Ovid on Climate Change

By Eliza Griswold b. 1973 Eliza Griswold
Bastard, the other boys teased him,
till Phaethon unleashed the steeds
of Armageddon. He couldn’t hold
their reins. Driving the sun too close
to earth, the boy withered rivers,
torched Eucalyptus groves, until the hills
burst into flame, and the people’s blood
boiled through the skin. Ethiopia,
land of   burnt faces. In a boy’s rage
for a name, the myth of race begins.

NOTES: Read the Q&A with Eliza Griswold about this poem

Source: Poetry (December 2012).

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This poem originally appeared in the December 2012 issue of Poetry magazine

December 2012
 Eliza   Griswold

Biography

Eliza Griswold is a poet and reporter whose work has appeared in the New Yorker, the Atlantic, the New York Times Magazine, Harper's, and the New Republic. Her books include the poetry collection Wideawake Field (2007) and the non-fiction title The Tenth Parallel (2010), which examines Christianity and Islam in Asia and Africa. In 2010, Griswold won the Rome Prize from the American Academy in Rome for her poetry, and in 2011, . . .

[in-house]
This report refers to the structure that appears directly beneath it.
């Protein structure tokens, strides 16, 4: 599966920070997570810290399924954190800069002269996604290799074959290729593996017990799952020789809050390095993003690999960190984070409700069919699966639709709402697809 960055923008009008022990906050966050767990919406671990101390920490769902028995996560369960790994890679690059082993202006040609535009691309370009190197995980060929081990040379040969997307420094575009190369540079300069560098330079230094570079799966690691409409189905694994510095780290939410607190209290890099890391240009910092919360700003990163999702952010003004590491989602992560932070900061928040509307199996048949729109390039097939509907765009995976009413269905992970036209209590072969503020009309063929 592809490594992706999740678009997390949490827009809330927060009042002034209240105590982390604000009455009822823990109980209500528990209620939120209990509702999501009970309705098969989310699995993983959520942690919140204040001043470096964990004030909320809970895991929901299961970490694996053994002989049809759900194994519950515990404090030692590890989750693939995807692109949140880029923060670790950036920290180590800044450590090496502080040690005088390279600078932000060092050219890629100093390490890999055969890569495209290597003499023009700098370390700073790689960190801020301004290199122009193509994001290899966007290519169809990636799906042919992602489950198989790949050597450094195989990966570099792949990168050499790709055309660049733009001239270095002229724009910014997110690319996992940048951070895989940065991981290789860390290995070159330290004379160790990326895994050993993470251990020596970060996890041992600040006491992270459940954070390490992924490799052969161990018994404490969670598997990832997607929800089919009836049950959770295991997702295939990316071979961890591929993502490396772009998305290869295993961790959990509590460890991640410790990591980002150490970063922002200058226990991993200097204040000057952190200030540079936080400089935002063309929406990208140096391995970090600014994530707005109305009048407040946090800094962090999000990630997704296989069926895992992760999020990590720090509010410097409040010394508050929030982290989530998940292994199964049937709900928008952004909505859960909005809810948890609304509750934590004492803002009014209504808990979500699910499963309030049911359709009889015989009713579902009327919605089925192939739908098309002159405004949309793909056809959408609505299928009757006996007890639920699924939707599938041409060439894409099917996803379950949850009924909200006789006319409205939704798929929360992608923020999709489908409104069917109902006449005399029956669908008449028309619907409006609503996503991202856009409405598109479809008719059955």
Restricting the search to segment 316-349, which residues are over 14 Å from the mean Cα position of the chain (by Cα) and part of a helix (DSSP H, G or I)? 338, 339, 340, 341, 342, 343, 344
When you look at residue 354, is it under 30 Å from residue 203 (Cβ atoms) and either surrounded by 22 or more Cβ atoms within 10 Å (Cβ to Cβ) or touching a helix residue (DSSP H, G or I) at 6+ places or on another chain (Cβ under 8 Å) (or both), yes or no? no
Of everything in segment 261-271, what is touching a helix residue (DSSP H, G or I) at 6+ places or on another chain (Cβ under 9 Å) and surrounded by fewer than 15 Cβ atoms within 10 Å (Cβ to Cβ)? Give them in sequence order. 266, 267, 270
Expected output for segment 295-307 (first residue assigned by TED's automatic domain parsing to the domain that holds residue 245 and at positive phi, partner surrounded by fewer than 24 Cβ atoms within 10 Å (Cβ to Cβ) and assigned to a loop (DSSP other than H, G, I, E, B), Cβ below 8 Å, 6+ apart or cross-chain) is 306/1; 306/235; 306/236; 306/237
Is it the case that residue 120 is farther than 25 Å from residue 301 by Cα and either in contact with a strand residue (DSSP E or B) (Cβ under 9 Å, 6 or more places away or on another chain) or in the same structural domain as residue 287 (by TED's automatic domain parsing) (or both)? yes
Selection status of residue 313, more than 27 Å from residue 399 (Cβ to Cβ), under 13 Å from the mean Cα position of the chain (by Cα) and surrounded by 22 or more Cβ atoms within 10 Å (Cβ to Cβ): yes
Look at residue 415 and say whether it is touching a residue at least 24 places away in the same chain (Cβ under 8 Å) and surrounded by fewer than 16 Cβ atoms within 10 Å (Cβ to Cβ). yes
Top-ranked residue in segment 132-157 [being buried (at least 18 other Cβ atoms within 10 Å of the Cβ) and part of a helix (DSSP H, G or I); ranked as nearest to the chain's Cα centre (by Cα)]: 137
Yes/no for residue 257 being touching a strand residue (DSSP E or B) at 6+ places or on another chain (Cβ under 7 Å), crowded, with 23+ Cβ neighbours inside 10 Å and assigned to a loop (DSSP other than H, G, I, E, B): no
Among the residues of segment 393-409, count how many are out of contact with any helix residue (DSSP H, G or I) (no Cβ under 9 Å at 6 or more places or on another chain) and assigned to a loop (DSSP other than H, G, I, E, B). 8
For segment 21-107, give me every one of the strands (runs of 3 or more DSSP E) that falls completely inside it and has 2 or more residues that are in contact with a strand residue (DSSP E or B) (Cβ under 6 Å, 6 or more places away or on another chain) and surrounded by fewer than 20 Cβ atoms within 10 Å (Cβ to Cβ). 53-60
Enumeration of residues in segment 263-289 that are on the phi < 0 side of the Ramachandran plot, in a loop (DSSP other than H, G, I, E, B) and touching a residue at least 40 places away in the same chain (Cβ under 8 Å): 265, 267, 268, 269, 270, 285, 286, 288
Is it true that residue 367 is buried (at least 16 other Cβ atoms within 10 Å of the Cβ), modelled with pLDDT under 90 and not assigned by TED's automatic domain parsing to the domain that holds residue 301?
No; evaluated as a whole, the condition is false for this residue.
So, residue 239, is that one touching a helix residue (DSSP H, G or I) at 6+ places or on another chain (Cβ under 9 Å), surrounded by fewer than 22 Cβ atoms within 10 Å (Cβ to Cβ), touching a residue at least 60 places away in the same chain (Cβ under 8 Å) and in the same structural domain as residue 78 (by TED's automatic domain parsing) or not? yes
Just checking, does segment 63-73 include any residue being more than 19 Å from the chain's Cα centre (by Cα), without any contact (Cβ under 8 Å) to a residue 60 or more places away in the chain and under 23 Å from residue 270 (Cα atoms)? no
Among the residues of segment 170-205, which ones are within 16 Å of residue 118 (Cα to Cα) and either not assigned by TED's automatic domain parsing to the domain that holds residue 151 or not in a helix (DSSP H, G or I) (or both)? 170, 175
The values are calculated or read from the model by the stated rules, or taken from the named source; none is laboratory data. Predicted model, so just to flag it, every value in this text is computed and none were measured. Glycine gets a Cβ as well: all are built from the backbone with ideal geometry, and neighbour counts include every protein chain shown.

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Poem Categorization

SUBJECT Living, Youth, Social Commentaries, Race & Ethnicity, Mythology & Folklore, Greek & Roman Mythology

Poetic Terms Free Verse

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